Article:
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Posts Tagged ‘James Fallows’

Morning Reading/Watch List 01.22.13

1. President Obama blows Fallows’ mind. In a quick reaction post, The Atlantic‘s national correspondent James Fallows says how surprised he was by the President’s second inaugural address. He writes, “I was expecting an anodyne tone-poem about healing national wounds, surmounting partisanship, and so on.” Read here.

2. Has NBC’s goofball weatherman Al Roker lost his mind? He’s already shit his pants and went commando in the White House, so it’s really hard to go down from there. But Roker makes a valiant effort. NowThisNews features the “sharter-in-chief” at the Inauguration parade in which he makes such a spectacle of himself that the Vice President has to come say hi. “Al Roker wins today. He is ridiculous,” tweets Sarah Kenigsberg. Watch here.

3. WaPo‘s Wemple wants to save world from NYT’s Kantor. Kantor takes a much deserved beating from Wemple, who wonders why Jody Kantor keeps writing stories on the first couple without interviewing them. He’s right. It’s annoying already. It’s the NYT. They should be better than this. He writes, “It’s a story that would have benefited quite a bit from some direct input from President Obama and first lady Michelle Obama.”

When is XOXO Too Much?

The Atlantic‘s magazine is out and among its offerings is the onset of hugs and kisses in workplace interactions. And by that, they mean over email. For example, two professional women collaborate on a project and one follows up with: “xoxoxoxoxoxoxoxo.” Even ABC News anchor Diane Sawyer is known to use it, so often in fact, that employees fear not seeing it.

An excerpt of quotes: 1. “I feel like xo has taken on its own kind of life,” says Karli Kasonik, a Washington-based consultant. 2. “I do it, most women I know do it,” says Asie Mohatarez, a writer and social-media editor, noting that she prefers a single x to the full xo. 3. “In my field, you almost have to use it,” says Kristin Esposito, a yoga instructor in New York.

Read the story here.

Also in the magazine but a digital exclusive… Read more

Morning Reading List 09.18.12.

1. Media bias at a glance: Is WaPo‘s Ezra Klein angling for a job at Breitbart.com? No, not so much. But late Monday afternoon, he published a post with a headline sure to at least initially draw the ire of his conservative compatriots: “The media is biased and so are you.” The story addresses the idea that reporters have great incentive to keep campaign stories provocative enough to keep the reader coming back for more. He writes that there’s a certain natural propensity to root for the underdog candidate. He even has a study to prove it. Read here.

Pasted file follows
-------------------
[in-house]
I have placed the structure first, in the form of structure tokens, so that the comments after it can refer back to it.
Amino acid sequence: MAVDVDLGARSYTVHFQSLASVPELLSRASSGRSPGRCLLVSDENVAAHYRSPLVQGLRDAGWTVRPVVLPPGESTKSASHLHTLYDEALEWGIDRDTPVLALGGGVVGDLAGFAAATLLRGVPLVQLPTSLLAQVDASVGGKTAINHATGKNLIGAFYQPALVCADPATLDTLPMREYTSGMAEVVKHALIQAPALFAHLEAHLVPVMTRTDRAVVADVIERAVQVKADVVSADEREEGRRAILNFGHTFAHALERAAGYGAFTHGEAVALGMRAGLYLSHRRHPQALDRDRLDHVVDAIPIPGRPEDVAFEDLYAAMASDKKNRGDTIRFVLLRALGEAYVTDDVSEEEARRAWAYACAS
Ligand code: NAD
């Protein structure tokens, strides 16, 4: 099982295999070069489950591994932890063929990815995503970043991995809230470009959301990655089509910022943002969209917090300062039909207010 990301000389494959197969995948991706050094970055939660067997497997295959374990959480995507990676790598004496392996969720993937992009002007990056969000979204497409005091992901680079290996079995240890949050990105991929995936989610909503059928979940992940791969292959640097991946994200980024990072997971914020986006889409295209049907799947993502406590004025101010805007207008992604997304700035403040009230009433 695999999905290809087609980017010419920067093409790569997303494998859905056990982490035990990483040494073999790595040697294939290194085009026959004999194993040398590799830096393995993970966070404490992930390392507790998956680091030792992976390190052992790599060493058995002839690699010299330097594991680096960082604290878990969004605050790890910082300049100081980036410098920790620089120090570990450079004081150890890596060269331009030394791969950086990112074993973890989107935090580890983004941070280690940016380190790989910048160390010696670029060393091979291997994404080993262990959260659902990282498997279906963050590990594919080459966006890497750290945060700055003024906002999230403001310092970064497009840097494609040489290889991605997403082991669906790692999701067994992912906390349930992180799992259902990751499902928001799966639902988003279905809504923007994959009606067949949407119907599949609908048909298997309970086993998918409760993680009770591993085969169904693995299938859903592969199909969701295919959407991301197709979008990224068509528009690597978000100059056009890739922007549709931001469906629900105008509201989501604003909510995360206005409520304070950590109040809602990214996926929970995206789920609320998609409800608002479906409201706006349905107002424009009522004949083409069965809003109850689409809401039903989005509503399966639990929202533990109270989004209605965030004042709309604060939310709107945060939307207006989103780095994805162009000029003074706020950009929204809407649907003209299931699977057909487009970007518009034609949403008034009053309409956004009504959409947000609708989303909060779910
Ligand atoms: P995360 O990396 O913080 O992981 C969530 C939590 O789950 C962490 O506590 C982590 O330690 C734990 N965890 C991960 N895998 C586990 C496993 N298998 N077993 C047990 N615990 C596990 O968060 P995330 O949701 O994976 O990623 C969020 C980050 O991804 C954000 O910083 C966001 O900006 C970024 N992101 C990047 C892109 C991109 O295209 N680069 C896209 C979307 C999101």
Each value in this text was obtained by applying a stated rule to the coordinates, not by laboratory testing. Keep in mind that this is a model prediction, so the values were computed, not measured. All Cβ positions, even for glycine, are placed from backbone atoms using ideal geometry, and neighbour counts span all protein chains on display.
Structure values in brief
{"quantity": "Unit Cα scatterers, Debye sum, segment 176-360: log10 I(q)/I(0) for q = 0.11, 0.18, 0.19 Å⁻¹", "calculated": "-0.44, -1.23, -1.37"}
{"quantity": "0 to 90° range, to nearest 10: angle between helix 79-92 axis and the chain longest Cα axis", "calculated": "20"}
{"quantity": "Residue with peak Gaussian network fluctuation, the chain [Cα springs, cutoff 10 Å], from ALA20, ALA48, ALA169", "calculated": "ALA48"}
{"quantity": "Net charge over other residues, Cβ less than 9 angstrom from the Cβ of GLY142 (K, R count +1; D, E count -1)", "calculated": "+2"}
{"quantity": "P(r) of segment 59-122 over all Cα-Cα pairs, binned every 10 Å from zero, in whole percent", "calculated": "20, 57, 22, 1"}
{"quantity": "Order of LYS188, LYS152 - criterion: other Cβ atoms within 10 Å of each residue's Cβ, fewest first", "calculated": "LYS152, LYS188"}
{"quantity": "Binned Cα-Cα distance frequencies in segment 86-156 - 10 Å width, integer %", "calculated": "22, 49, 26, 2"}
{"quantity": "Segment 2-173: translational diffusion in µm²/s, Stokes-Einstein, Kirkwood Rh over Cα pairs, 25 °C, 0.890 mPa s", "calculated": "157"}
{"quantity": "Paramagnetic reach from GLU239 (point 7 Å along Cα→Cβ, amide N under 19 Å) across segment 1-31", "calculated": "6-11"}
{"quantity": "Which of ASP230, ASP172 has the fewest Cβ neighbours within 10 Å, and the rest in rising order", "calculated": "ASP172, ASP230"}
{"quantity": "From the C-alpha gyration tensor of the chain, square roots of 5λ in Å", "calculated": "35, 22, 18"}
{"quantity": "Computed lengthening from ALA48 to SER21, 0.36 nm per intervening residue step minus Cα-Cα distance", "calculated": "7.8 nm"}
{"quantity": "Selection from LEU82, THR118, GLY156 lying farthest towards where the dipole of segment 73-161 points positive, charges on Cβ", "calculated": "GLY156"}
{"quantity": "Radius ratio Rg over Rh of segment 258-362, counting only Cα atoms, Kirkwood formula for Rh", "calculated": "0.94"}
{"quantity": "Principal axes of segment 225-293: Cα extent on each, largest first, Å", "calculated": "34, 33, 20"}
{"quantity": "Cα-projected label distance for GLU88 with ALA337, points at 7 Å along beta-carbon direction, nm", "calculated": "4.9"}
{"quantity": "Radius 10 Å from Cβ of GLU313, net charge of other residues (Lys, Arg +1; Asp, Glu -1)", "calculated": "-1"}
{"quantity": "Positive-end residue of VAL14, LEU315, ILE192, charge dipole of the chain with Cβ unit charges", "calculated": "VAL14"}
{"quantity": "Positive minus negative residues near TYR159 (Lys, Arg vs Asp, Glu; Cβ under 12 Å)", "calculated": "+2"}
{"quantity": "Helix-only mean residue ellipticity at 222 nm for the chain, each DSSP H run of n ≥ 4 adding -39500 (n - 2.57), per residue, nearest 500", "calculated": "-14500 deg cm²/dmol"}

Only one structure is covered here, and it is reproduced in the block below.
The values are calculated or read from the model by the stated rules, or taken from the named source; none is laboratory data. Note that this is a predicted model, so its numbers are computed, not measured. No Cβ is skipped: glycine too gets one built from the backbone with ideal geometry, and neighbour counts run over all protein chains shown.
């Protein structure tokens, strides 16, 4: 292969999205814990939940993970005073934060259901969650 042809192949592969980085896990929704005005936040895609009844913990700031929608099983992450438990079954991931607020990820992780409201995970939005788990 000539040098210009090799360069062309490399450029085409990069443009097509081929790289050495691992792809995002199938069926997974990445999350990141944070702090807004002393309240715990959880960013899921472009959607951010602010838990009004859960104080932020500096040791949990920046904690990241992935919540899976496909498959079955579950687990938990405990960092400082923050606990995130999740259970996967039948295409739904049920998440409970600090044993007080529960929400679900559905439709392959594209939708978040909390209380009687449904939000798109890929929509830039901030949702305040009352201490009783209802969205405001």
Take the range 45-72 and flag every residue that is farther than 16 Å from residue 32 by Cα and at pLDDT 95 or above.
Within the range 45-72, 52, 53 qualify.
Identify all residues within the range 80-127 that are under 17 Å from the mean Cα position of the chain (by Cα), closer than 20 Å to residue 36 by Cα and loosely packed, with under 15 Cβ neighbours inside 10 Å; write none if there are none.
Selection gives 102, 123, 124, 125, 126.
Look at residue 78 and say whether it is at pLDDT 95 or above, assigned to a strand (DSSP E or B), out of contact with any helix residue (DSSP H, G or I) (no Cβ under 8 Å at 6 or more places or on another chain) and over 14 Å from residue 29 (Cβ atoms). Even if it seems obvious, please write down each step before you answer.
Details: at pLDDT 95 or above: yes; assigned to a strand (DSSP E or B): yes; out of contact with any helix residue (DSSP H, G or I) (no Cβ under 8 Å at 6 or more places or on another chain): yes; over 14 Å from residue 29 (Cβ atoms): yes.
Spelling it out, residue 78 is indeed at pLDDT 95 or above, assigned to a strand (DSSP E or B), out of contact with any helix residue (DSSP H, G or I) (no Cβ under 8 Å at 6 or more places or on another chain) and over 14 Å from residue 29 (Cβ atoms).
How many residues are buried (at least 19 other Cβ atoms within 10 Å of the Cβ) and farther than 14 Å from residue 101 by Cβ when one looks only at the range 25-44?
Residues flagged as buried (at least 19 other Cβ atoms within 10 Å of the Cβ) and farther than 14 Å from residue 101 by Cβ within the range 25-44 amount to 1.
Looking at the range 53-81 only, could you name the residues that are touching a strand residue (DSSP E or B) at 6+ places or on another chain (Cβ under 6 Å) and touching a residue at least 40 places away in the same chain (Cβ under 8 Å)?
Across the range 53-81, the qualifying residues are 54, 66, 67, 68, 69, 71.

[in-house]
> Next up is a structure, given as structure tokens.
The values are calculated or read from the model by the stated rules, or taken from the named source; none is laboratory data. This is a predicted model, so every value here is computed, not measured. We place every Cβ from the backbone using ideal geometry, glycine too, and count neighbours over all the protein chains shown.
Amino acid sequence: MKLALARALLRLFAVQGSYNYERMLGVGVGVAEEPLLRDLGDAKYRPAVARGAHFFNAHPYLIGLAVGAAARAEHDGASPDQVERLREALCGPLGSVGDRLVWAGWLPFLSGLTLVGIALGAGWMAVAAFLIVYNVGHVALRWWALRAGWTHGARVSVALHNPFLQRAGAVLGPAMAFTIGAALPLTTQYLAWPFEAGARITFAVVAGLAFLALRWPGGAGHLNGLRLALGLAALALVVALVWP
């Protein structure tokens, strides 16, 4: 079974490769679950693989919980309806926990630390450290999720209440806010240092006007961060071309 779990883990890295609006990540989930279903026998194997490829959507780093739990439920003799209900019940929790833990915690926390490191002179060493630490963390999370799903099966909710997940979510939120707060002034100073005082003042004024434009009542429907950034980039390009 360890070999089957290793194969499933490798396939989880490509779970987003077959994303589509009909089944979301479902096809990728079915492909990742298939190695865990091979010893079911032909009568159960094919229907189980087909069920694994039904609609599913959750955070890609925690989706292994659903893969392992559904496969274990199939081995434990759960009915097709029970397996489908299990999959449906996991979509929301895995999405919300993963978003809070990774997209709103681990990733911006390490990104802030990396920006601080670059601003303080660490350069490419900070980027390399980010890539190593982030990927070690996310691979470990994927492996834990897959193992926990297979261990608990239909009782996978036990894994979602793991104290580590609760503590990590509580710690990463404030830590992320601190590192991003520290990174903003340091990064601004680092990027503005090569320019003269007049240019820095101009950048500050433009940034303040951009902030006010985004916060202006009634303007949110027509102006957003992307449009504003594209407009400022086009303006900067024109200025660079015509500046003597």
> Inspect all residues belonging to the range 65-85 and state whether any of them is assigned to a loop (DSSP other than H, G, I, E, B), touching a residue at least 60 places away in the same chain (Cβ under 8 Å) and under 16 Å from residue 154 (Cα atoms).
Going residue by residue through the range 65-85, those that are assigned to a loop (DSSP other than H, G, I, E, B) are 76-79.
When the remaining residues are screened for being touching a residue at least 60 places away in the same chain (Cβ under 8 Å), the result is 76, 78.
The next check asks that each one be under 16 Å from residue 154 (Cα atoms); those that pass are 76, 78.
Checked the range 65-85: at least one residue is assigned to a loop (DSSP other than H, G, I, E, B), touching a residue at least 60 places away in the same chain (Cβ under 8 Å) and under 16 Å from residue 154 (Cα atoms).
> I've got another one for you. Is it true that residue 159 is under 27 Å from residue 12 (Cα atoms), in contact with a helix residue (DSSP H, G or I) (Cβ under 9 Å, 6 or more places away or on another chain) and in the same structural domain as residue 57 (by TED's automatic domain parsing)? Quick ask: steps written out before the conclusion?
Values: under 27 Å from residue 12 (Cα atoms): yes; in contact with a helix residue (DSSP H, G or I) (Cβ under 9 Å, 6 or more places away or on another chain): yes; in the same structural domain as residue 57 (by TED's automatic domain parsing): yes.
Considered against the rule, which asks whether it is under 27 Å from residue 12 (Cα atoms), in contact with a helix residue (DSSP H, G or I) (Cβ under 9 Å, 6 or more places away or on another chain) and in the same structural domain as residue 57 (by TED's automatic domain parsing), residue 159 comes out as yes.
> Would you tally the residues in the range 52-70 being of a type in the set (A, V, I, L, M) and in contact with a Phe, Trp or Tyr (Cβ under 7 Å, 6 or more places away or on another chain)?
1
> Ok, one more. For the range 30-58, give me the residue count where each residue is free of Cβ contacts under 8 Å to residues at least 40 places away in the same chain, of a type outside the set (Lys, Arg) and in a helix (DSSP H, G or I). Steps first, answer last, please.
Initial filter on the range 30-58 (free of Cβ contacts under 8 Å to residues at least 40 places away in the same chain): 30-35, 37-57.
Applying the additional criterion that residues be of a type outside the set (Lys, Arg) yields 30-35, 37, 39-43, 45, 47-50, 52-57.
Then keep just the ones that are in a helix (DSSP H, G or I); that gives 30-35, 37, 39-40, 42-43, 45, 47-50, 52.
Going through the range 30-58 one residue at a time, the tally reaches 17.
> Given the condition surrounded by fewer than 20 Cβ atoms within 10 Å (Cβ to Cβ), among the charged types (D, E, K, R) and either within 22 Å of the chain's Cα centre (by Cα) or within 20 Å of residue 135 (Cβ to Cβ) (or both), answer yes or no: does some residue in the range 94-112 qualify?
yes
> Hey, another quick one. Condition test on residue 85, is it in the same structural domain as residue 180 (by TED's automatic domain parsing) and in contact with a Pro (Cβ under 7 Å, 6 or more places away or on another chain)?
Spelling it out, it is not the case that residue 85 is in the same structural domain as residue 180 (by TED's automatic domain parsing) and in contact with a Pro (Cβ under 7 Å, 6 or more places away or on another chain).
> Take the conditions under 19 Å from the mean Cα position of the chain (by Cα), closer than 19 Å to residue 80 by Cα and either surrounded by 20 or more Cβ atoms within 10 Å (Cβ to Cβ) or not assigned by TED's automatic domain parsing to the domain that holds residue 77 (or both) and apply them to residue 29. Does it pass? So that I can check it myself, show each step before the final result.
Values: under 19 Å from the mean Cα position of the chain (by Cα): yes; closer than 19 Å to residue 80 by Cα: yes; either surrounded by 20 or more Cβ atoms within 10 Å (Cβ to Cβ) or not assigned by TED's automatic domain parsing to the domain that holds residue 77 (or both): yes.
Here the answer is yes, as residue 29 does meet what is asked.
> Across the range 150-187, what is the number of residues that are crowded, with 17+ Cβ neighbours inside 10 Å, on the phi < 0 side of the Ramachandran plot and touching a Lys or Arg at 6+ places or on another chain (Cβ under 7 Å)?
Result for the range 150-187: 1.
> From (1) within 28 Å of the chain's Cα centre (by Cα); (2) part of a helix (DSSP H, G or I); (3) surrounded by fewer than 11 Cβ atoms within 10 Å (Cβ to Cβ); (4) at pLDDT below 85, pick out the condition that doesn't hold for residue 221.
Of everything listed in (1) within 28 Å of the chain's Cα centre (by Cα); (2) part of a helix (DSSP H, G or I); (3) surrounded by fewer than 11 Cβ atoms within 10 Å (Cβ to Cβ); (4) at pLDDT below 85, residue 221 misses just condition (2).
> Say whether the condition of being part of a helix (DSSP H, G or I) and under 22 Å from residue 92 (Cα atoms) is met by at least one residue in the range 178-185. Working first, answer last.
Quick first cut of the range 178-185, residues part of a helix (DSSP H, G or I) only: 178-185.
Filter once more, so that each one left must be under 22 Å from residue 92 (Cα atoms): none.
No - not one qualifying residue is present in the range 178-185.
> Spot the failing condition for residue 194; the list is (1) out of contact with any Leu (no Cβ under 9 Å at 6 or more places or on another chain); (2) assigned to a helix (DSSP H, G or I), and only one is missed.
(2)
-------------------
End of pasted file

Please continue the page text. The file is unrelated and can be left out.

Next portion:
2. A special blend of “news”: From special panda Twitter updates to murder to great horse trails to explore, Washingtonian has it all.

3. The Charmer: Just before 2 a.m. this morning, The Atlantic‘s James Fallows published a quick post on the media that won’t disrupt your already nonexistent attention span. He uses a WaPo headline to explain a complex point regarding the “ongoing struggles of the journalism biz to convey what reporters think is actually happening while trying not to seem opinionated.” Fallows’ headline: “Forgive me for finding this charming.”

Morning Chatter

Quotes of the Day

“That was a weirdest thing I have ever seen at a convention in my entire life and it will be the weirdest thing I’ve ever seen if I live to be 100. That was bizarre.” — MSNBC’s Rachel Maddow‘s immediate reaction to Clint Eastwood‘s convention speech in which he spoke to an invisible President Obama sitting in an empty chair.

Journos weigh in on Mitt’s big night

“Romney looking like man of the people — so long as the people are kept behind a rope line.” — U.S. News & World Report‘s Robert Schlesinger.

“Mitt’s a little moist in the eyes.” — Asst. Managing Editor for NYT Jim Roberts with perhaps the grossest description of Romney for the evening.

“No prepared remarks much to every reporters annoyance.” — ABC’s Karen Travers.

“This is like Ward Cleaver’s salute to June.” — Rolling Stone National Affairs reporter Tim Dickinson.

“After saying he’s Mormon, he immediately talked about how it doesn’t matter. There’s a man of faith for you.” — HuffPost‘s Dan Froomkin.

“When Mitt tells jokes an angel dies.” — Sports Editor at The Nation Dave Zirin.

“Romney doing what he needs to do here. Not spectacular but very, very solid.” — WaPo‘s Chris Cillizza.

Ana off the Wagon? “MEDICARE LIE. Drink.” — The Guardian‘s Ana Marie Cox.

“Yo teleprompter guy, cue Mitt to nix the lip smacking #RNC2012″ — HuffPost‘s Senior Political Economy Reporter Zach Carter. He soon added, “Should you really hug your kids a little longer when gas prices go up?”

“I feel bad for Mitt. He’s everyone’s second choice in the primary, and now he has to follow Clint. The poor bastard.” — Jared Keller, director of Social Media for BloombergLP.

Convention Commentary

“I vote for conventions without politicians.” — WaPo‘s Jennifer Rubin.

“1) Eastwood: Whoa!! 2) Rubio: too long, pushed Mitt too late 3) Mitt: just fine, and unlike Ryan mainly true. But enthusiasm in hall???” — The Atlantic‘s James Fallows.

“Dear Republicans, I thought we’d all agreed to not do embarrassing white people dances at#GOP2012” — RedState.com and CNN’s Erick Erickson.